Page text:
Probiotic Varieties Aren’t Always Guilt-Free
“It can be easy to be lured into thinking probiotic yoghurts are good for you, but the problem with many well-known brands is that their flavoured products contain added sugar and artificial additives. Yoghurt can be a good source of friendly bacteria (also known as live cultures), which can play a vital role in producing vitamins, regulating appetite, supporting the immune system and assisting digestion, but not all yoghurts contain these beneficial cultures, even the ones that claim they do.
“In many cases, the friendly bacteria are killed during processing, packaging and storage methods. Instead of opting for a well-known ‘probiotic’ brand, choose kefir. Kefir is a fermented milk product similar to yoghurt but is a richer source of friendly bacteria and yeast. It is also lower in lactose than yoghurt and therefore may be better tolerated by those with a lactose intolerance. But again, always check the ingredients and avoid a kefir with added sugar – Yeo Valley’s Organic Natural Kefir Yoghurt gets my vote. It’s creamy, tangy and packed with billions of live bacteria from 14 different strains.” – Louisa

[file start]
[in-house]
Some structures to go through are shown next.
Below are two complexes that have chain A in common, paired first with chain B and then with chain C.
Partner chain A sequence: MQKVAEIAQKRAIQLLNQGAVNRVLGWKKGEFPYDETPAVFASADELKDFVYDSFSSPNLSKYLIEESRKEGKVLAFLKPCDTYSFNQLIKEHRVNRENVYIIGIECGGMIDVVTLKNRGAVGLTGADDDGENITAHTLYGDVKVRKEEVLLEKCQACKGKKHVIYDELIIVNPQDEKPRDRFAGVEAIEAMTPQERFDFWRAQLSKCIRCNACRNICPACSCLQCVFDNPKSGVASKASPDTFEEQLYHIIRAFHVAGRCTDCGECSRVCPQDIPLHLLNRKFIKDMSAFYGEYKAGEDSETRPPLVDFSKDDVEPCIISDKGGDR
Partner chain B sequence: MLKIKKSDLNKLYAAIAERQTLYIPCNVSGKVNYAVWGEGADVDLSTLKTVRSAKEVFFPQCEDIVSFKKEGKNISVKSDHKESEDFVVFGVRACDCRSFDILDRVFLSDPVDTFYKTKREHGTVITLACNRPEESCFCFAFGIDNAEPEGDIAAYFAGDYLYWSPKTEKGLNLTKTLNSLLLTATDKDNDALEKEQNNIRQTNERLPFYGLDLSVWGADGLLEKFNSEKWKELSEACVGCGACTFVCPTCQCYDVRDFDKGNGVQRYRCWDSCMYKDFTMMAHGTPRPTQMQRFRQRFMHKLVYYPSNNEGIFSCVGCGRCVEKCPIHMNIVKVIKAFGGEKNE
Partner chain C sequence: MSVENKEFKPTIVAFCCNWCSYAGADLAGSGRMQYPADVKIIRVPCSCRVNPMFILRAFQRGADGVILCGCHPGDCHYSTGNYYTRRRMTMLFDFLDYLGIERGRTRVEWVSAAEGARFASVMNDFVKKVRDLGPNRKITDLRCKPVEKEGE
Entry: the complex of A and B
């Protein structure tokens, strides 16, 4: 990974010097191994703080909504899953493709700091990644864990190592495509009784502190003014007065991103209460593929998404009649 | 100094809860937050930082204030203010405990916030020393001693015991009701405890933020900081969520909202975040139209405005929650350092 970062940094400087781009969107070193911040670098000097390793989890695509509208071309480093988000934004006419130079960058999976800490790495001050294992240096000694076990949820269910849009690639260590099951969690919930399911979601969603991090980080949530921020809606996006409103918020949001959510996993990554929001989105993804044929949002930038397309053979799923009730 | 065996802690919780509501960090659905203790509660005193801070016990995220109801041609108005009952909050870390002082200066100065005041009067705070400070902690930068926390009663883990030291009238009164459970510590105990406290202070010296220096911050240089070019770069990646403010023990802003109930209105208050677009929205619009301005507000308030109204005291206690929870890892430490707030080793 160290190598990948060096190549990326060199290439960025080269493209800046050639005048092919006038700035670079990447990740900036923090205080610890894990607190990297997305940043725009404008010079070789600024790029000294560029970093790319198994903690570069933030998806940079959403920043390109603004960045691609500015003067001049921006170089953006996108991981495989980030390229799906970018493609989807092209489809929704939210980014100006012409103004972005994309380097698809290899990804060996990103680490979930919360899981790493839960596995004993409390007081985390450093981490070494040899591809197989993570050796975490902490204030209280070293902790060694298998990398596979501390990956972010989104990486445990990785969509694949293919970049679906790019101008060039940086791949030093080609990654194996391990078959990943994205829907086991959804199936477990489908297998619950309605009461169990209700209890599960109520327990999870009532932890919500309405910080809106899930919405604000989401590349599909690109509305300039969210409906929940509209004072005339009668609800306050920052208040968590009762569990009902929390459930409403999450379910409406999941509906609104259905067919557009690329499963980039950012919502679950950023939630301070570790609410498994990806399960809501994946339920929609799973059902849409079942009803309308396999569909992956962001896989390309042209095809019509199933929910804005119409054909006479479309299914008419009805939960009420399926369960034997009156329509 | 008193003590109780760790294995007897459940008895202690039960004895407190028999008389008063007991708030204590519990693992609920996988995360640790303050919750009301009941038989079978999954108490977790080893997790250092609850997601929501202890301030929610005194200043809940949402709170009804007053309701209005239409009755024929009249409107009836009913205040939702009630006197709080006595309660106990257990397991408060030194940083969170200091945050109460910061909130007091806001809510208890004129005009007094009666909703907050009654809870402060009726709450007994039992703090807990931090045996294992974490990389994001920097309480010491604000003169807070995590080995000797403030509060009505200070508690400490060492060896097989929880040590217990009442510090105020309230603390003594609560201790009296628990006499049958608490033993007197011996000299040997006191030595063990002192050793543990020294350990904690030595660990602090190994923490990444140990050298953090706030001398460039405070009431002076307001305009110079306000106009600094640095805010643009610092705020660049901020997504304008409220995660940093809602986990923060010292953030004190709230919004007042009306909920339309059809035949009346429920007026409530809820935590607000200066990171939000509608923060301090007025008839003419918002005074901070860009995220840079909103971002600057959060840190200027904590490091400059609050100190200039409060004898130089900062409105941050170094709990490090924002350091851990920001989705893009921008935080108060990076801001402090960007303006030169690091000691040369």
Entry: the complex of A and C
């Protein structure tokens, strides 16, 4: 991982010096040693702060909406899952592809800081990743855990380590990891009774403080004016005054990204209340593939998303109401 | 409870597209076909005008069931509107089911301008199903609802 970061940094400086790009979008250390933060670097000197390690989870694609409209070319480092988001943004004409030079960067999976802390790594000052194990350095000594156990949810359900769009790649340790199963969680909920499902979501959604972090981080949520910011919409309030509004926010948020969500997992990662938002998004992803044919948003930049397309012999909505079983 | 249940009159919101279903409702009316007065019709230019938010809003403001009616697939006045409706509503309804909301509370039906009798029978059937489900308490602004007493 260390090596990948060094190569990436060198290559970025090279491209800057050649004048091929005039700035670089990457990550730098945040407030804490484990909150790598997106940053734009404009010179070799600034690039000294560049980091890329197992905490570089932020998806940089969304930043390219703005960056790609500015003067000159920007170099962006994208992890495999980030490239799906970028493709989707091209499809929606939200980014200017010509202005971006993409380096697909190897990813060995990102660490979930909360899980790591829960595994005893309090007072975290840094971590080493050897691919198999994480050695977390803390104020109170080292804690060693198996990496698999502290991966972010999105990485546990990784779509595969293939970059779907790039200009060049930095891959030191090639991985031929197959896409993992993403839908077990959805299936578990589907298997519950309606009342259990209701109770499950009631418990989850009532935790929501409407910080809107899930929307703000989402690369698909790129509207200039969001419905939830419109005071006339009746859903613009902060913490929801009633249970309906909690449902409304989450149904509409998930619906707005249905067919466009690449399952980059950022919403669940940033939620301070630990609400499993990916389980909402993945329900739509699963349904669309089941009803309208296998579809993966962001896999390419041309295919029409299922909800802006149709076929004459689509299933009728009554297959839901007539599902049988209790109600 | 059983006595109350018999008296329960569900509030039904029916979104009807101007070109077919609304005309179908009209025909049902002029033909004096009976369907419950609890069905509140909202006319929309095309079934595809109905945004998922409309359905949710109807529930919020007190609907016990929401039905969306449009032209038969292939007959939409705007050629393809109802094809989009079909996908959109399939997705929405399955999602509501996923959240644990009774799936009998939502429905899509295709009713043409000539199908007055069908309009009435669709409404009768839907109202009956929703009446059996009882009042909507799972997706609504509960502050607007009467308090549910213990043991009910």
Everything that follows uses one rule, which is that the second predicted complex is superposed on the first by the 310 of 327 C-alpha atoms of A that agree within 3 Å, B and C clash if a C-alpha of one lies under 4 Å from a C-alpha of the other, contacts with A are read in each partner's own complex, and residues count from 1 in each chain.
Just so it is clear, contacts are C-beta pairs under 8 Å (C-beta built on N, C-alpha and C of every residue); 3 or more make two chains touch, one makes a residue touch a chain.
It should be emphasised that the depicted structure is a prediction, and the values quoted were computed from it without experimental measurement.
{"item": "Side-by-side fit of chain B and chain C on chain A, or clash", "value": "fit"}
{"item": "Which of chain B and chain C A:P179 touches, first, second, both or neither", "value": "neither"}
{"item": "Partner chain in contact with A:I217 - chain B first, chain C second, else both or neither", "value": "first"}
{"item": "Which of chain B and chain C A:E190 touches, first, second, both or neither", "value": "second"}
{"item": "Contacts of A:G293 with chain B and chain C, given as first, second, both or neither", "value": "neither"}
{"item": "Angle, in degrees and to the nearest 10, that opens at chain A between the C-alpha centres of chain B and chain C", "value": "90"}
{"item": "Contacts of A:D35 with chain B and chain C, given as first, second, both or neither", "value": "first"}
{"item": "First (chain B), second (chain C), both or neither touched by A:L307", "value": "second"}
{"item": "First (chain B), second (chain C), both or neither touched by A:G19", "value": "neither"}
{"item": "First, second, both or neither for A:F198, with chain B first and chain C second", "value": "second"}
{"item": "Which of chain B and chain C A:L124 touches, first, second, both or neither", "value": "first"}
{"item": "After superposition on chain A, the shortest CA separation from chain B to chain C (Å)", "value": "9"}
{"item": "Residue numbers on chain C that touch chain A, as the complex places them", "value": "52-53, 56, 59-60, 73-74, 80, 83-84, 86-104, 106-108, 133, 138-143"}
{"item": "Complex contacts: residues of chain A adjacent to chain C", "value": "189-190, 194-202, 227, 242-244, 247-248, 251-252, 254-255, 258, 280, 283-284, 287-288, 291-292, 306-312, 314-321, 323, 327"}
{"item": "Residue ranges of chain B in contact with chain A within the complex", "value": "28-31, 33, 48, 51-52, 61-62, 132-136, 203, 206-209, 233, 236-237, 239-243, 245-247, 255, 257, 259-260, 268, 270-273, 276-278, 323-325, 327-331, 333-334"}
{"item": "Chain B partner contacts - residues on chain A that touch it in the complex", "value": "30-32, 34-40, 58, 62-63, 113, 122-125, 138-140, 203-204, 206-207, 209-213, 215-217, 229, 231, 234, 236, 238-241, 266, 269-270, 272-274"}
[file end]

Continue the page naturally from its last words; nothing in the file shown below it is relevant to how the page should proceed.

Full-Fat Yoghurt Has Its Place…
“For years, we were told to avoid full-fat yoghurt and instead choose fat-free options, but this isn’t necessarily the case. I would recommend choosing a full-fat or low-fat option over fat-free – not only is it tastier, but the fat is more satisfying, and will keep you fuller for longer. Plus, we need healthy fats in the diet to absorb fat-soluble vitamins, such as vitamins A, D, E and K. Moreover, fat slows the rate of sugar absorption, which keeps blood sugar levels stable.” – Louisa
…But A Fat-Free Greek Yoghurt Is Also A Good Option
“If you are managing to get plenty of healthy fats elsewhere in your diet and over the course of the day and are conscious of your overall calorie intake, then a fat-free option may work well for you. Fage and Skyr are two brands to look out for – they tend to be higher in protein than other yoghurts, making them satiating, and despite being virtually fat-free, they are thicker and creamier than other fat-free yoghurts.” – Flo